UPDATE: Shady attack groups, new proposals, and the American Clean Energy and Security Act
by Mike Gaworecki
May 6, 2009
I wrote earlier in the week about the Waxman-Markey draft bill, the American Clean Energy and Security Act (ACES), which is stalled in sub-committee. Well, there has already been a lot of activity on that bill, and on global warming legislation in general, in the past couple days. So an update is definitely in order.
ACES, of course, would create a cap-and-trade scheme to lower our emissions and spur investment in renewable energy. Cap-and-trade means capping emissions and selling, or trading, emissions permits, forcing industry to pay for their pollution. The revenue from the sale of these pollution permits could then be used to invest in renewable energy generation and infrastructure, like a new “smart” electricity grid, as well as help developing nations bypass the dirty energy economy altogether in favor of a clean energy economy. One of the main problems with the ACES bill, which I didn’t actually point out in my last post, was that the bill did not have much to say about where revenue from the cap-and-trade scheme would go.
But Rep. Van Hollen, a Democrat from Maryland, has introduced a new bill based on a different idea that addresses the problem of where the revenues would go. His approach is being called “cap-and-dividend,” because he wants to give all of the proceeds from the sale of pollution permits directly back to tax-paying Americans, essentially as a dividend on the investment of tax-payer money into America’s energy infrastructure.
A cap-and-trade scheme would require us to ratchet down the number of pollution permits available – the point being to eliminate emissions as much as possible as quickly as possible – so it will inevitably drive up the cost of energy. These increased costs will of course be passed on to consumers. President Obama’s budget proposes to use as much as 83% of the revenues from cap-and-trade to pay for a middle class tax cut to help offset the higher energy costs. Hollen’s proposal to pay Americans back directly through dividends on the investment of tax money is an intriguing notion, perhaps easier to sell to the American people than a tax cut because of its simplicity.
Not surprisingly, there are many industries trying to get a piece of the pie as well. Even less surprisingly, there is already a shady, deliberately non-transparent industry group running radio ads in opposition to ACES in the districts of several moderates on the House Energy and Commerce Committee. (Least surprising of all? This group is affiliated with another group that gets funding from ExxonMobil.) Check out Climate Progress for all the details, insofar as they have emerged, about the American Energy Alliance, the front group running the ads and repeating the same debunked lies about the likely costs to taxpayers of a cap-and-trade scheme.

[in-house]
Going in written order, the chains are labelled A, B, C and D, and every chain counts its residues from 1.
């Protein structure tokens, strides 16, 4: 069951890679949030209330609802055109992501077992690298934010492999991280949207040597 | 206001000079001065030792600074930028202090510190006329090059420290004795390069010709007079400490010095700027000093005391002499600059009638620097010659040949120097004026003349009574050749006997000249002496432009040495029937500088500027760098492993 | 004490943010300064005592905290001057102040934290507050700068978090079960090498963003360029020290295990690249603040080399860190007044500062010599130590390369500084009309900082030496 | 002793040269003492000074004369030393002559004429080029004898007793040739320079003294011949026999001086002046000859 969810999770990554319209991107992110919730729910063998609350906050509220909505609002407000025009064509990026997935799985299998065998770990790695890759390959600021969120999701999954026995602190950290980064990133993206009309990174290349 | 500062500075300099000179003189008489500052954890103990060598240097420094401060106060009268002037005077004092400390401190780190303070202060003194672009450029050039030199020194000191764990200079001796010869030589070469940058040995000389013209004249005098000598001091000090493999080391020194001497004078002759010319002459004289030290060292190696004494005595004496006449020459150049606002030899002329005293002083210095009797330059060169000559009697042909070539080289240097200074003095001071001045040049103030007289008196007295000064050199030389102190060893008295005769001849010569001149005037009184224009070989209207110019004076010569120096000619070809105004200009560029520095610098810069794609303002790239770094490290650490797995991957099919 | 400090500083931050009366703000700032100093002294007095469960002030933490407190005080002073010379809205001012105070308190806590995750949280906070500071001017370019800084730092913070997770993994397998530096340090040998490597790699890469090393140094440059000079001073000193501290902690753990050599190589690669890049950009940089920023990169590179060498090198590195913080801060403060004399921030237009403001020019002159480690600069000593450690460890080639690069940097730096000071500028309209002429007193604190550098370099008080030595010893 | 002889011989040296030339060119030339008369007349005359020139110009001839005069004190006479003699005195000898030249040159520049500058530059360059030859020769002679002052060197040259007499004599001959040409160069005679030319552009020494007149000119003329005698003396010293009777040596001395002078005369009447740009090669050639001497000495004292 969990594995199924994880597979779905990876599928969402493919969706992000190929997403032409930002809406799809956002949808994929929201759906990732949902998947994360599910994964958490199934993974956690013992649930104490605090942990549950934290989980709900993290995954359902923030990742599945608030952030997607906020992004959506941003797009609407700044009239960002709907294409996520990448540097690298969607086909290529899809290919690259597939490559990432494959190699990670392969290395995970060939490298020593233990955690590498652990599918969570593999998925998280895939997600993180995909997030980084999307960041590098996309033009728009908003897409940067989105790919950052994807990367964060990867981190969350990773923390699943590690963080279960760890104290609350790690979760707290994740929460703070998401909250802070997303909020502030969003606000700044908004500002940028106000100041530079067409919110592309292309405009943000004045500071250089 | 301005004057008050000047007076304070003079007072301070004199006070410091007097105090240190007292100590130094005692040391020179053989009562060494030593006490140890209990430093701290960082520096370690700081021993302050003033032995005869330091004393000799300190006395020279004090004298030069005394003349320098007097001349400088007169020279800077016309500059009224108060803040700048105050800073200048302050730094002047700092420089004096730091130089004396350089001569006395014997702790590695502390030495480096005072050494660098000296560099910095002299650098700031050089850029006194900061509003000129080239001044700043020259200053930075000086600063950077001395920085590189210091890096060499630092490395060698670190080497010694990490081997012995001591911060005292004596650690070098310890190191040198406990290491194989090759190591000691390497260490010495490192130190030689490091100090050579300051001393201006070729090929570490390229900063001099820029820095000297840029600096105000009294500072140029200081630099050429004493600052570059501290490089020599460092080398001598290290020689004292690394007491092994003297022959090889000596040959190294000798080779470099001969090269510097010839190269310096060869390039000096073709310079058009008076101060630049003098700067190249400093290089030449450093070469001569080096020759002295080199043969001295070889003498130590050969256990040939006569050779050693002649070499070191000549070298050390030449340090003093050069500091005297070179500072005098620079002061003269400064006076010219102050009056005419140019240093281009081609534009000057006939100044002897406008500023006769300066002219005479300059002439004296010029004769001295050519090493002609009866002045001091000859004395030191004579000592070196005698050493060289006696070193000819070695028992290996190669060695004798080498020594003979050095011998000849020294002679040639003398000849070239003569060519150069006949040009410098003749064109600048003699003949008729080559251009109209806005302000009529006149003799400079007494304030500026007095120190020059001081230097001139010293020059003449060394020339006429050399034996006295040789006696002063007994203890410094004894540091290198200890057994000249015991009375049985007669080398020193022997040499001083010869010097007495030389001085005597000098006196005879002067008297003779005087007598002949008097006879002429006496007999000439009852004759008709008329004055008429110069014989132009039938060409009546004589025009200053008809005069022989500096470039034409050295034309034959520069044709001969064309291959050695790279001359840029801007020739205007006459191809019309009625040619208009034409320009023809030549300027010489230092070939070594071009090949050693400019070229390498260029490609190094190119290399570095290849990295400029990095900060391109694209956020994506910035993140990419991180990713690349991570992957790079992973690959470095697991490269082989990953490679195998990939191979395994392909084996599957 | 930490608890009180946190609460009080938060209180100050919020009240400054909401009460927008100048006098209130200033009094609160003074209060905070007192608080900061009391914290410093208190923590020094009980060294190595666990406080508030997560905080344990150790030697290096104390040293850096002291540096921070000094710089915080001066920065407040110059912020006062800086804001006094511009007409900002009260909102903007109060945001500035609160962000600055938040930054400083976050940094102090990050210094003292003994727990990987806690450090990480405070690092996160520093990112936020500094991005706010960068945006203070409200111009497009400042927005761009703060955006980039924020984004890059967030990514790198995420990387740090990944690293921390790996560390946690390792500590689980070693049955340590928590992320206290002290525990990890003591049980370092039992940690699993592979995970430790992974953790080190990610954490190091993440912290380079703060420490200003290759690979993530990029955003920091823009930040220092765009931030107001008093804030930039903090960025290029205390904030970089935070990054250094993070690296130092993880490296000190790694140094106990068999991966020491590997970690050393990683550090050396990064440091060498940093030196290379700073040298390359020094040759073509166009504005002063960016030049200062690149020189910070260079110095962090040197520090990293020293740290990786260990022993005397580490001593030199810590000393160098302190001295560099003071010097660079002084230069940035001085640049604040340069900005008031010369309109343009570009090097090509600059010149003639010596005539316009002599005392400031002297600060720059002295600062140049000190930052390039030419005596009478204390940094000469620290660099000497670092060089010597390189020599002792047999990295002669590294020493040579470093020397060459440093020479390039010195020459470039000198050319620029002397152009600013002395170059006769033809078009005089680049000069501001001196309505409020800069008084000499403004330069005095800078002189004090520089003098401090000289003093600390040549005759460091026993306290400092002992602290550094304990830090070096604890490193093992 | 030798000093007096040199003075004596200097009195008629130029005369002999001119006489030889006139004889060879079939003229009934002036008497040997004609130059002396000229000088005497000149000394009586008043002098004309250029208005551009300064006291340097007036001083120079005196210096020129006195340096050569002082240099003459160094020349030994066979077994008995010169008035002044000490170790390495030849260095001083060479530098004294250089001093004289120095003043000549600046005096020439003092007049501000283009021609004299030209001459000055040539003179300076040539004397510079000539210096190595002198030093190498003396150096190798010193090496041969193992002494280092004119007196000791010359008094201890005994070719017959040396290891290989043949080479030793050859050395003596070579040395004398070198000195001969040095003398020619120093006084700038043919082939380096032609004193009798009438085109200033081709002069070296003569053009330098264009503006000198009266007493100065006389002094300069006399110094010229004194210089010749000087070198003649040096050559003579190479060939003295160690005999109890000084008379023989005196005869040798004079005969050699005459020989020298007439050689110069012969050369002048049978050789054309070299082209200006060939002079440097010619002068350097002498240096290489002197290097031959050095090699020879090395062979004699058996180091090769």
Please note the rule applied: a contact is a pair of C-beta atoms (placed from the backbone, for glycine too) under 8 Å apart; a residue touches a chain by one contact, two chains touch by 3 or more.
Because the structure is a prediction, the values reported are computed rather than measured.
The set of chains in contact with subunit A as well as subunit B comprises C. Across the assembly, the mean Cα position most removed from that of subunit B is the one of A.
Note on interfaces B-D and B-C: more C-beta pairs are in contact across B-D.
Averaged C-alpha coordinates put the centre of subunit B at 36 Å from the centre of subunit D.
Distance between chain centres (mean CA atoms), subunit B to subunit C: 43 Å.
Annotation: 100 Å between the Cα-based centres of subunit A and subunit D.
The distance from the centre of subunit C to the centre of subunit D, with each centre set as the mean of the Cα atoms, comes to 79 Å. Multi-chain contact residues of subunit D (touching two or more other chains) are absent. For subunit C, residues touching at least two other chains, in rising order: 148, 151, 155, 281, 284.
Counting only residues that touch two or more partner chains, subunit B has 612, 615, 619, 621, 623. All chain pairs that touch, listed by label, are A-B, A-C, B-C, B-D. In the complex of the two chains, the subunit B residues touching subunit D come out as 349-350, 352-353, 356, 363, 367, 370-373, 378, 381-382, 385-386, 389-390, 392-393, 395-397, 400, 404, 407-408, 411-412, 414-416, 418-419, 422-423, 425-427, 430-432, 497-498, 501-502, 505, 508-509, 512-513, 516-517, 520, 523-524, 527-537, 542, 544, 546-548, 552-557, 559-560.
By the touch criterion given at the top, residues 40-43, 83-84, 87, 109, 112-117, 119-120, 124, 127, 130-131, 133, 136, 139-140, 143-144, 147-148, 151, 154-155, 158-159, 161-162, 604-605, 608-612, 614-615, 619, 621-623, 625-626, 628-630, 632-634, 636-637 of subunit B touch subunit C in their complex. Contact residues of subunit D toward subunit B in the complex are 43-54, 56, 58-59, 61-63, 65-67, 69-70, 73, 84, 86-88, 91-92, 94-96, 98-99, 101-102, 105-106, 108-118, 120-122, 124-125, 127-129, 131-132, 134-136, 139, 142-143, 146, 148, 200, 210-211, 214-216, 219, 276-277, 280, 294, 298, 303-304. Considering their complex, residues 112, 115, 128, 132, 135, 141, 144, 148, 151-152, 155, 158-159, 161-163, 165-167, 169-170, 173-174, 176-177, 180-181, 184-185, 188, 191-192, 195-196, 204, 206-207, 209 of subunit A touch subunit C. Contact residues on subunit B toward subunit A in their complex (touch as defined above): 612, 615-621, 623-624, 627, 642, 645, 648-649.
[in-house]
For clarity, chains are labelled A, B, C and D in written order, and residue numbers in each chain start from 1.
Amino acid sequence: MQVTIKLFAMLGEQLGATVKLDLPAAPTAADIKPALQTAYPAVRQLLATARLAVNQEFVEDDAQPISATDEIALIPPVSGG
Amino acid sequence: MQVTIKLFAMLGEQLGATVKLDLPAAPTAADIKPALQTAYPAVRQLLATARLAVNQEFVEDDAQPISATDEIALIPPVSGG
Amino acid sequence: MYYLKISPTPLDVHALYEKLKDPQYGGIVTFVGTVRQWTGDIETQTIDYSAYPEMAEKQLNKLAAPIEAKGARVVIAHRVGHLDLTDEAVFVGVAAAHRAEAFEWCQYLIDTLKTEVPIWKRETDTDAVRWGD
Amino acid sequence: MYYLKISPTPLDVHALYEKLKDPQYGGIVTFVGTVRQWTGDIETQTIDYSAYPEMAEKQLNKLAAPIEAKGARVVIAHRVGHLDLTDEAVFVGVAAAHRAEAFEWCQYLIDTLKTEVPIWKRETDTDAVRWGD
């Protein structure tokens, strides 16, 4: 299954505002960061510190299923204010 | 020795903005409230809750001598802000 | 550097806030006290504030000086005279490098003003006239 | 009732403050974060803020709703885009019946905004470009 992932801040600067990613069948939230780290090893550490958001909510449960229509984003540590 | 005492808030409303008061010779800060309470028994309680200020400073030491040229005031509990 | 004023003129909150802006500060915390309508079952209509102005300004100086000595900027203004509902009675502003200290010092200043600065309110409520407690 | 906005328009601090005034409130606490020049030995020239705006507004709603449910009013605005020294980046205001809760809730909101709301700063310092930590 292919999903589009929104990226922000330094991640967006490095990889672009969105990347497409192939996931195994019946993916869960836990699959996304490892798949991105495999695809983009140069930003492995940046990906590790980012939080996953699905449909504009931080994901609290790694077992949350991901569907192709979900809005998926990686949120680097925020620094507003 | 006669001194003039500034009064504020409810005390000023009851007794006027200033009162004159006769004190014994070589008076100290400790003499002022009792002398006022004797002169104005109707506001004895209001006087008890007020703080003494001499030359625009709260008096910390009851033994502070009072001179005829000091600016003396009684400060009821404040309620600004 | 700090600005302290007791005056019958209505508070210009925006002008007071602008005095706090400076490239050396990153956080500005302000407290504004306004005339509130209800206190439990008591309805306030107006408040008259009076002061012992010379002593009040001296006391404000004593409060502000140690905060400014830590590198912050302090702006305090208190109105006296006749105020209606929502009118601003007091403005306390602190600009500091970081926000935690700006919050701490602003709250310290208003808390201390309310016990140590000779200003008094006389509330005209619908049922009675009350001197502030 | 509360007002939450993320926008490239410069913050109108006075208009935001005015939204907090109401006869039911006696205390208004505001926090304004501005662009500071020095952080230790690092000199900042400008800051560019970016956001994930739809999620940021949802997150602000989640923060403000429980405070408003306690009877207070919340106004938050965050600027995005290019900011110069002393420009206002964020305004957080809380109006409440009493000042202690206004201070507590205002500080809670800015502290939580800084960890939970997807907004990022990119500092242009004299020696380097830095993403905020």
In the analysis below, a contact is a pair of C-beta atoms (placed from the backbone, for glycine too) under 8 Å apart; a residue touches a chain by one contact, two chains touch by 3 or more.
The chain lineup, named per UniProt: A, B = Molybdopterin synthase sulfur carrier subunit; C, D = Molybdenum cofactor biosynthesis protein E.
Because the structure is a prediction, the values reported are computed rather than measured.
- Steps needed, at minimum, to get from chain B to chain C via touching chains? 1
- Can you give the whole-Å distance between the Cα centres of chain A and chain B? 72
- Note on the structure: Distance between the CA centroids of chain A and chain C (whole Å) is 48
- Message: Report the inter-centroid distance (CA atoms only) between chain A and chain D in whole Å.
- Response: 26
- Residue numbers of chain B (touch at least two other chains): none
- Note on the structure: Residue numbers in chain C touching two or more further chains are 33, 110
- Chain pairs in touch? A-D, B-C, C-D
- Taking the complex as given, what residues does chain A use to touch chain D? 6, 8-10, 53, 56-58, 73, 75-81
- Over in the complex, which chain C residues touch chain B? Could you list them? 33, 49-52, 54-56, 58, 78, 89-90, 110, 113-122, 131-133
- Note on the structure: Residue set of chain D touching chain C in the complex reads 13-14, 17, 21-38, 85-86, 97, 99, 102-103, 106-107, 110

Whether or not cap-and-dividend ends up catching on as the solution, it’s important to consider all options. We need all honest, thoughtful ideas to be on the table for debate. And then we need to push our lawmakers to consider all of these proposals and decide what’s right for the world. Because our opponents are not interested in honest, thoughtful debate. The fossil fuels industries will be funding tons of PR efforts like these deliberately misleading radio ads in the coming months, and their aim is not to debate but to stop any bill aimed at reducing pollution and ushering in a new era of clean renewable energy, period. We need to step it up, speak out, and let our Reps know that we demand strong global warming legislation now, or they’re going to listen to the fossil fools and their shady front groups instead.
According to E&E Daily (subscription required, sorry), there is still some deep-seated unease among Democrats about implementing solutions to global warming:
So far, the [House Energy and Commerce] committee’s Democrats have struggled to reach consensus as about a dozen moderate and conservative lawmakers from the South, Rust Belt and Intermountain West resist the aggressive path that Waxman and Rep. Ed Markey (D-Mass.), the chairman of the Energy and Environment Subcommittee, set out in a 648-page draft proposal.
The Democrats on the House Energy and Commerce Committee met with Obama this week, but of course not many details have been released publicly about the meeeting. It is being reported that Obama asked them to reach consensus and bring the bill out of committee by Memorial Day, so that they could turn their attention to health care.
This debate happening right now is quite possibly the most important debate we have ever had. Right now, a handful of moderate Democrats on the House Energy and Commerce Committee are all that stand between us and a full House debate on the strongest global warming bill yet. You can bet those moderates are hearing from the fossil fuels industries. We need to make sure they hear from us. Get involved and tell Congress why you care about the environment and want them to pass legislation to stop global warming.